I’m Only Happy When It’s MVVM

SwiftUI + MVVM + Combine + ReactiveSwift

Preface

I think it’s fair to assume that everyone who went through Lockdown ended up rediscovering a long-lost passion or two while spending more time at home. I definitely include myself in this, as the monotony of my work-life routine had been turned on its head, the same as everyone else’s. I no longer woke up to a scantly furnished apartment, prepared myself for work, and hurried for the train while gulping down a molten Starbucks blend coffee. My office had moved from a 20 minute train ride to 20 feet away from my bed for who-knows-how-long.

After an initial adjustment, and a hurried refurnishing of my apartment, I found my creative mind swimming with motivation for the first time in months. Previously, after commuting to, working at, then commuting home from the office, I was little inclined to do yet more programming during my downtime.

These past few weeks, I found myself more motivated than ever to learn something new. I decided to further my understanding of the oft-used MVVM app architecture, and learn how to apply it to future apps I make or contribute to using Combine and SwiftUI.

Inputs & Outputs

For the last three years, I have been working on a codebase which places a heavy emphasis on I/O as a methodology for creating ViewModel objects and Service types. The approach works perfectly with ReactiveSwift, as seen below:

… but that’s not all. I knew that this approach ought to work with Combine as well, since it is a first-party solution to ReactiveSwift provided by Apple.

In essence an Input is an event which occurs on a View, such as viewDidLoad or didTapLoginButton, and an Output is the eventual result of an Input.

@State, @ObservedObject, @EnvironmentObject?

I had some trouble wrapping my head around these annotations, but if you understand the principle of an App having a “state,” then you’ll be fine.

With SwiftUI, our views are struct types, and thus cannot be mutated. We need to hand over control to the State, so that when it updates the view will show the latest data. Without any of this, your app would be non-functional.

If your “state” comprises of a few simple types such as a String, a Bool, and an Int, then you can go ahead and annotate your properties as@State types. As this implies that the state only refers to and controls the current screen, it’s important to mark these properties private. Scope matters!

If your “state” is more complex, such as a ViewModel, and/or may apply to multiple views, you’ll be better off using @ObservedObject. This is the same as @State in many ways, but when you create properties in your state, you get to decide whether changes to each property force a refresh or not.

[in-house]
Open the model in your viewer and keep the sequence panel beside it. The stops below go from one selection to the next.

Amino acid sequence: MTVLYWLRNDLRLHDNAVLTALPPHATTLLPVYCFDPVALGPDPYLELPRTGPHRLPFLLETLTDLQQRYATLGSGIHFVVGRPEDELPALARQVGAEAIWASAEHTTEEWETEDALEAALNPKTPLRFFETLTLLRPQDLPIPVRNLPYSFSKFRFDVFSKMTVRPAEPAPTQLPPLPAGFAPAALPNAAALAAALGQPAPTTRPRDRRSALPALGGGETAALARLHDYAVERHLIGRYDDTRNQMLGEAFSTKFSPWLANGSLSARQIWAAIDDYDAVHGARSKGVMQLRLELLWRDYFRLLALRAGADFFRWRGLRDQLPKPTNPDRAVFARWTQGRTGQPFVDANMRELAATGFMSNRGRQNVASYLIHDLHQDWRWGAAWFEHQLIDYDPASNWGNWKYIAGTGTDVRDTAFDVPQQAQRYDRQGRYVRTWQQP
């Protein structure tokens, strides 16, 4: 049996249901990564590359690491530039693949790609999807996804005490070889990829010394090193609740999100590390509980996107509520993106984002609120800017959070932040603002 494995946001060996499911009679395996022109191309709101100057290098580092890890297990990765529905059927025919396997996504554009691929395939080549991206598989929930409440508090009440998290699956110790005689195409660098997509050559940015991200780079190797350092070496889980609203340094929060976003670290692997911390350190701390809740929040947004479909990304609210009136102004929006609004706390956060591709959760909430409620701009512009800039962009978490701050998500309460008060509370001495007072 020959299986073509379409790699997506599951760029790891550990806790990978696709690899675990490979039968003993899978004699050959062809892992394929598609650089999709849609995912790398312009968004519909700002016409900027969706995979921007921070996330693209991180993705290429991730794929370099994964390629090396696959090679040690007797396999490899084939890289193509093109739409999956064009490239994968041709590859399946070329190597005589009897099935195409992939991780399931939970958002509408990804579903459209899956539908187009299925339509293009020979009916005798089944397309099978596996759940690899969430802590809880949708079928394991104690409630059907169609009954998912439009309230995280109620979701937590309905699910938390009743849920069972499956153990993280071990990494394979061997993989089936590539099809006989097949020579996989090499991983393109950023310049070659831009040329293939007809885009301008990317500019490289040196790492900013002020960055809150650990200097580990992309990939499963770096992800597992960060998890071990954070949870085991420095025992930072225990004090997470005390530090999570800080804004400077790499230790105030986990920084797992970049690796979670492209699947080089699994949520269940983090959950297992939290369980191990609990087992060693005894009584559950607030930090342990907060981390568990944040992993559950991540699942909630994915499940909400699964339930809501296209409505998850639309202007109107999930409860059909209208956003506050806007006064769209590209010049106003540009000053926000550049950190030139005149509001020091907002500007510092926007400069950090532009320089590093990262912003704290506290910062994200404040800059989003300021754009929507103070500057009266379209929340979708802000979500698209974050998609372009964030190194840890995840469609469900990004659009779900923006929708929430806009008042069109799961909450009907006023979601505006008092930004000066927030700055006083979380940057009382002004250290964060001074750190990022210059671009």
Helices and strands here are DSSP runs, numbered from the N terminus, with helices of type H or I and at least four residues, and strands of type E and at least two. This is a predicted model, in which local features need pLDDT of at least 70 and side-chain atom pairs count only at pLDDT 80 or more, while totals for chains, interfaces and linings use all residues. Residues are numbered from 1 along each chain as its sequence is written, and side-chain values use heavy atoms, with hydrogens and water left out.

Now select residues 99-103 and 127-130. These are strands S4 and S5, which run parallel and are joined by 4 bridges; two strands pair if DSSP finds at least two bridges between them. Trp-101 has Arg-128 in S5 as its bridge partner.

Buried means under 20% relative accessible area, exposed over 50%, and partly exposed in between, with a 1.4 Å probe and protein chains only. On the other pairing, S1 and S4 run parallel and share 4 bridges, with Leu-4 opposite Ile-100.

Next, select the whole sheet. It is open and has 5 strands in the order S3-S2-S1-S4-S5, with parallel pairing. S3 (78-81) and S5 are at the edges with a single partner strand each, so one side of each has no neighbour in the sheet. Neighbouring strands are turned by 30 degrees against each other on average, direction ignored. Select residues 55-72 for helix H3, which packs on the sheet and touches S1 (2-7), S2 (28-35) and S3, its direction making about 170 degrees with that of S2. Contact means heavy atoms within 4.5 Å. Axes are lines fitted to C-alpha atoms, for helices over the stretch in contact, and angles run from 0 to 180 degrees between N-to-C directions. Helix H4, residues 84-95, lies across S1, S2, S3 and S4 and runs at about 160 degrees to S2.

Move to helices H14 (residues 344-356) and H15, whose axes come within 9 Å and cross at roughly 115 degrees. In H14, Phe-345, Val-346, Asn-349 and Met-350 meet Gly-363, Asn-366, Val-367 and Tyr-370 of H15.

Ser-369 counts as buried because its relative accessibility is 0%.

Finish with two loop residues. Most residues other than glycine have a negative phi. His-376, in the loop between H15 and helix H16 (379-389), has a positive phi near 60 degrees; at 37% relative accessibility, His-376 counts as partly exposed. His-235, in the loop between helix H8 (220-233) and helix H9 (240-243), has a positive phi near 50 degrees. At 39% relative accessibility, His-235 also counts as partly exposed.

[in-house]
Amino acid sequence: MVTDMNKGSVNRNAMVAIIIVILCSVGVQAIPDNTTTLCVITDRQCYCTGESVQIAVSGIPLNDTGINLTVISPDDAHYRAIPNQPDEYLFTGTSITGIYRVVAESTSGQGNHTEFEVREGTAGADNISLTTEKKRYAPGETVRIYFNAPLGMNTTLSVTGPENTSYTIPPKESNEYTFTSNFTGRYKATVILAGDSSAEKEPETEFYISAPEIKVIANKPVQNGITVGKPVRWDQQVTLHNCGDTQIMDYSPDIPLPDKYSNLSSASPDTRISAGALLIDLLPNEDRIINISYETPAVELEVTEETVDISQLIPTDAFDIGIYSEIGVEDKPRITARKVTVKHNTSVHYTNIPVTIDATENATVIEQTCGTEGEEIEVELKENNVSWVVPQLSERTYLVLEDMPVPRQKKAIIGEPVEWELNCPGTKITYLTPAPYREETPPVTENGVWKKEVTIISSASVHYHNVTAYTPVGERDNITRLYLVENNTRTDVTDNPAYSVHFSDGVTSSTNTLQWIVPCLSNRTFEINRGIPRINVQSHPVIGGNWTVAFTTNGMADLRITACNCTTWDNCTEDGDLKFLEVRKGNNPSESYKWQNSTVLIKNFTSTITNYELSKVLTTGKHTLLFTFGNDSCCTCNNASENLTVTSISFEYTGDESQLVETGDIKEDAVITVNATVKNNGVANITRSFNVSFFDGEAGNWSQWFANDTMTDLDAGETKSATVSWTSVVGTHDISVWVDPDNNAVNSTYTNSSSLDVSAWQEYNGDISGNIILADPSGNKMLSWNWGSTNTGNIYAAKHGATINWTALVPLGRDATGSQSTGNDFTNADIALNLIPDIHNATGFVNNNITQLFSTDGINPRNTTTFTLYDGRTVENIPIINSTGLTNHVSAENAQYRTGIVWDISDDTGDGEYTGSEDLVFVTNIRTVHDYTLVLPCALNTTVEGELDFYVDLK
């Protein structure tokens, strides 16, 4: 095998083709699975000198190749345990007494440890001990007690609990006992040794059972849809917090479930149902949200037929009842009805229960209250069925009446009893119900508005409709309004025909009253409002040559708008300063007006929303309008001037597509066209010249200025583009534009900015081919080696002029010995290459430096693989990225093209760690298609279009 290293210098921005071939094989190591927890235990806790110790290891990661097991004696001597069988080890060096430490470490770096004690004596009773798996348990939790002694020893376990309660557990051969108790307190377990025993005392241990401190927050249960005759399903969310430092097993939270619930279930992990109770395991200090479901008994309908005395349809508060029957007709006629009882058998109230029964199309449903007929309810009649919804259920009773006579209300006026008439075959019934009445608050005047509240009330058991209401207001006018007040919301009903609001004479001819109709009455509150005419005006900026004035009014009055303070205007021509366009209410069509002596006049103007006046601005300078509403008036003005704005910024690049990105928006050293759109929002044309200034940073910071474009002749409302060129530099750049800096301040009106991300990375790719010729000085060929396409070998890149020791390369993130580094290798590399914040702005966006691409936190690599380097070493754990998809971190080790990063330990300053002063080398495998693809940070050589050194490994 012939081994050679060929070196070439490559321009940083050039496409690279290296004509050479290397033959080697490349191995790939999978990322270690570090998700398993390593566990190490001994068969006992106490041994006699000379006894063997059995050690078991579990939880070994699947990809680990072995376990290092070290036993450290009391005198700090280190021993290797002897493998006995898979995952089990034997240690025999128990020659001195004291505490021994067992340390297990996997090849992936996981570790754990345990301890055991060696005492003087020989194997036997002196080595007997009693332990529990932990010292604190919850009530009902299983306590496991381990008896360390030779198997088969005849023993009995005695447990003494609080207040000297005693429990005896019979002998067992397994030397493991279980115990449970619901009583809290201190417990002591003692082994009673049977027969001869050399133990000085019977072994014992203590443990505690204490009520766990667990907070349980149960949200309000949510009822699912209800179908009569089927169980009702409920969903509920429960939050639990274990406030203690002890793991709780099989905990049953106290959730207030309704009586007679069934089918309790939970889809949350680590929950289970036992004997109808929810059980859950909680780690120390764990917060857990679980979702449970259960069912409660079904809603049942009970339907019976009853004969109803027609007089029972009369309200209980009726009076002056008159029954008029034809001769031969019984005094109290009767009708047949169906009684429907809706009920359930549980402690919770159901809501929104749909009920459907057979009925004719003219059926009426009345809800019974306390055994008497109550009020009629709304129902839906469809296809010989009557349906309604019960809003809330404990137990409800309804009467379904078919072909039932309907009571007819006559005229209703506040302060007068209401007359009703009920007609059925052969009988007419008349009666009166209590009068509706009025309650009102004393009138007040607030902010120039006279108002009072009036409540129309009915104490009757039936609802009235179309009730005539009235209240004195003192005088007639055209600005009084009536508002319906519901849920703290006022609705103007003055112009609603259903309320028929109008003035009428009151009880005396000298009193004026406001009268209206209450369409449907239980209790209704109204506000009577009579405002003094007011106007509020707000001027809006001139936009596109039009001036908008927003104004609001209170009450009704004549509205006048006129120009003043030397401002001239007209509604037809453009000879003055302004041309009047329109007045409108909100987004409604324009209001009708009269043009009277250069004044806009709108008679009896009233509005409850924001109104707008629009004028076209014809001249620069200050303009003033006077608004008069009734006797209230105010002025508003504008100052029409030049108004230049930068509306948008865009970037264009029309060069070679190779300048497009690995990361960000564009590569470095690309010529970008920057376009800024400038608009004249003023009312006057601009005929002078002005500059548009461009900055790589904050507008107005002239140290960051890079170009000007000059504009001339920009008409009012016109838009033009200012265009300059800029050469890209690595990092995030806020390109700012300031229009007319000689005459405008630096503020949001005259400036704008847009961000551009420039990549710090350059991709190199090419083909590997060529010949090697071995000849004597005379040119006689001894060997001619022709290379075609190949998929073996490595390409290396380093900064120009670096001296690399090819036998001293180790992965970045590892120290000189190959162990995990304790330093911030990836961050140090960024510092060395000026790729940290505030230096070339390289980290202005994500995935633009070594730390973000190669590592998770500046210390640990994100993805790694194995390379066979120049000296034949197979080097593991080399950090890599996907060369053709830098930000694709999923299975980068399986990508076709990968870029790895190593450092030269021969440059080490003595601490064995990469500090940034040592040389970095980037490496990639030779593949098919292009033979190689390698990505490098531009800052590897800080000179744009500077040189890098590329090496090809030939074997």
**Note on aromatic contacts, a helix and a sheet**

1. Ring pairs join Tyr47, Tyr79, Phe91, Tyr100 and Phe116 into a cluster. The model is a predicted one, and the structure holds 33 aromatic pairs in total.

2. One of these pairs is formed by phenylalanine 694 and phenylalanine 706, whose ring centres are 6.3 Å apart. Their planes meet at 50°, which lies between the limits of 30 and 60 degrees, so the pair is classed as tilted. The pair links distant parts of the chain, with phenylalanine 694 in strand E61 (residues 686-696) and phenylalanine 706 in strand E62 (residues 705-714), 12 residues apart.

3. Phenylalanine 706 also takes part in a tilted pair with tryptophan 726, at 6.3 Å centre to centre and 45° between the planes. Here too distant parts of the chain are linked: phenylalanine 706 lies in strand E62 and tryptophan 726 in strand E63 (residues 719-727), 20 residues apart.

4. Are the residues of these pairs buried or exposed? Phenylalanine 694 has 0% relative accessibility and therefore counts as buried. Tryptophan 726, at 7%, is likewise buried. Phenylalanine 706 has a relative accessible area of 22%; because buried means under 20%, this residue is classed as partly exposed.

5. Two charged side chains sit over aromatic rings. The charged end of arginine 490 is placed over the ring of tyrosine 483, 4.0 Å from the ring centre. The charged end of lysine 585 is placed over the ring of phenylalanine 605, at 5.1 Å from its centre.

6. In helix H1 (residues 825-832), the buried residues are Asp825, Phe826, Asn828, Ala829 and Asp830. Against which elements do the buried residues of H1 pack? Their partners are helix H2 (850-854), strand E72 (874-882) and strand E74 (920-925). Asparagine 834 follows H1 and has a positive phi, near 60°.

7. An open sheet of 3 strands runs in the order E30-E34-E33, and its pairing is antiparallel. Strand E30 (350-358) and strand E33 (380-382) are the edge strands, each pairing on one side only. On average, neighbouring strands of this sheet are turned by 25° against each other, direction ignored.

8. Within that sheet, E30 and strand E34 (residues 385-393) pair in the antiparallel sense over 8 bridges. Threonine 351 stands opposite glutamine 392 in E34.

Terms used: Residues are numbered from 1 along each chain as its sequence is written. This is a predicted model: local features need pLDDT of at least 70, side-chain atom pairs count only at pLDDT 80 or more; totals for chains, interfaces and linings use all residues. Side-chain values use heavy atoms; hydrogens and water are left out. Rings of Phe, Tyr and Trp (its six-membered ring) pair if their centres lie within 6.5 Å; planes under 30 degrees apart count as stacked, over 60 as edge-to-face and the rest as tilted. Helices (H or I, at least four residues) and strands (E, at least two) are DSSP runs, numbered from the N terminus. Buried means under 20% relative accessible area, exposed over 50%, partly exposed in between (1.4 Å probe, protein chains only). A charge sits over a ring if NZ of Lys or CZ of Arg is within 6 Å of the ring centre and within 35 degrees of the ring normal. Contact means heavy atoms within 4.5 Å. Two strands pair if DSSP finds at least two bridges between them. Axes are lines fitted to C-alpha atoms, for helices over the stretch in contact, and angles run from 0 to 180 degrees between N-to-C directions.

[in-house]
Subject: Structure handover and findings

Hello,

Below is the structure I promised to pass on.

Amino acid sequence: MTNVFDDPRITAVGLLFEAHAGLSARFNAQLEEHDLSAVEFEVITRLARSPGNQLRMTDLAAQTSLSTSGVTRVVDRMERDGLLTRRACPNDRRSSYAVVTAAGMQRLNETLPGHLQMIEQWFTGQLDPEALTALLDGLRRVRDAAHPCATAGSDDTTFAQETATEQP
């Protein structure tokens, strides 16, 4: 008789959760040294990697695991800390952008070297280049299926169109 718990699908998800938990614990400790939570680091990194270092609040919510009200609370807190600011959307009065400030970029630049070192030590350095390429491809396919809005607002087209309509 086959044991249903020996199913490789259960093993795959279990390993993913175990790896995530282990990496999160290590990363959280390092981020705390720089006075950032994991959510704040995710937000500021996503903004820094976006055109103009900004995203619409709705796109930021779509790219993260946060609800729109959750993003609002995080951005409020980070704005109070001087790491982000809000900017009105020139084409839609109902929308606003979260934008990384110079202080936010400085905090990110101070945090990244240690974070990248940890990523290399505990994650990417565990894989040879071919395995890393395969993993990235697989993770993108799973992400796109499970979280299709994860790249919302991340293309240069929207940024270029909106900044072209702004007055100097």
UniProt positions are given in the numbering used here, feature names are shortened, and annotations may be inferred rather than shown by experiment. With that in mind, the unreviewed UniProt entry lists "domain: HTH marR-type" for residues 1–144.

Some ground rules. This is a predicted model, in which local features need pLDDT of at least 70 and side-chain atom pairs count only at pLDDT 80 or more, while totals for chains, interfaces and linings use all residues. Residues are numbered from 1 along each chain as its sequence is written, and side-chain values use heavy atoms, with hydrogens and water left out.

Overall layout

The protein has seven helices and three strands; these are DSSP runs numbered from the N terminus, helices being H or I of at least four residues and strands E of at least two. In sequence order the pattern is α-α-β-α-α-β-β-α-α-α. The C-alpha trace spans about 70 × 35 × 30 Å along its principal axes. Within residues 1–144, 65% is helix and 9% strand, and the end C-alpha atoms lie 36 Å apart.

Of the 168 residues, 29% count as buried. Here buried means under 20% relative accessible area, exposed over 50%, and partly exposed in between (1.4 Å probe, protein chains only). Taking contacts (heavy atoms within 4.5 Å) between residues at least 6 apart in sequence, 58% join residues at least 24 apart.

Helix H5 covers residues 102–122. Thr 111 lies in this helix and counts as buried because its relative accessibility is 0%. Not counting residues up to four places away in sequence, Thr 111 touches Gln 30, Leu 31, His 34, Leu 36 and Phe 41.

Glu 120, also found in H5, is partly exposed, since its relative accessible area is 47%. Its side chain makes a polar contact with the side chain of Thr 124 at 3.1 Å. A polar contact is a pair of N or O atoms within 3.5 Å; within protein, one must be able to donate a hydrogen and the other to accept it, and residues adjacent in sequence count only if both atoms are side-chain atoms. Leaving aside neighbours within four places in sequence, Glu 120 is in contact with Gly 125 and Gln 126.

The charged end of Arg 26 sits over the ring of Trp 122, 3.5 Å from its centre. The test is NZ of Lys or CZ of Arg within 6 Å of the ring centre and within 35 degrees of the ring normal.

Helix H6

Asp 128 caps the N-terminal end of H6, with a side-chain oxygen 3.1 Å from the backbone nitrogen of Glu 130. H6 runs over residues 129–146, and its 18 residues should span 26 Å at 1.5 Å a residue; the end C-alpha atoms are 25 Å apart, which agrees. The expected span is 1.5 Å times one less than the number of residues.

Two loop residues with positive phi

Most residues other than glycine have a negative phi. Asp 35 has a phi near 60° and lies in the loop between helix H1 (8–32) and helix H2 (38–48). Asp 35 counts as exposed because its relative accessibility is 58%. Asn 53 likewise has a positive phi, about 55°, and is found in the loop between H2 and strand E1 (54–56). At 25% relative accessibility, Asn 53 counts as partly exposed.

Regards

Lastly, @EnvironmentObject is very similar to @ObservedObject however these objects are available to all views of your app at any time. If you share a lot of data around screens of your application, these are incredibly useful. The closest comparison to @EnvironmentObject that I can give you, is the AppState employed in apps built with a Redux architecture, or even simpler — a global singleton.

Combining Approaches

After reading about the property wrappers, I decided that my ViewModel ought to be an@ObservableObject. When properties in the view model change, I want my components to update accordingly. Furthermore, my ViewModel likely won’t just hold simple types forever. I may eventually expand it and make it hold more complex types, or load data from a server.

The first step was to port over my ViewModel protocol, and then find an equivalent for my .pipe() objects from ReactiveSwift, which conveniently use the I/O principle already.

The closest match ended up being PassthroughSubject. According to the documentation, these doesn’t have an initial value or a buffer of the most recently-published element, very similar to .pipe() from ReactiveSwift.

More documentation goodies led me to @Published properties, which do what they say on the tin. They “publish” values to objects which observe them. Thus, my ViewModel becomes as follows:

…and my ContentView just needs the following:

Running the app will show Hello, World! right in the middle of the screen as you would expect.

Congratulations! You have now implemented MVVM using Combine and SwiftUI!

That’s All For Now

This is not my first foray into SwiftUI. Up until now, I have used bog-standard SwiftUI to build some debug screens (which are not user-facing) in my projects as a way to get my head around things.

As I learn more, I will publish more.

Stay tuned! In the meantime, please let me know what you think. 🤔

Update: The Next Day

Tony Arnold of Reveal fame, kindly pointed out a small adjustment I can make to my View Models to avoid having to manually add objects to the cancellables array. It’s a neater approach, and moves my Combine+SwiftUI ViewModel even closer to what I had when using ReactiveSwift.

Thanks Tony! 🍻

Aussie iOS Engineer based in Tokyo, Japan | 日英可

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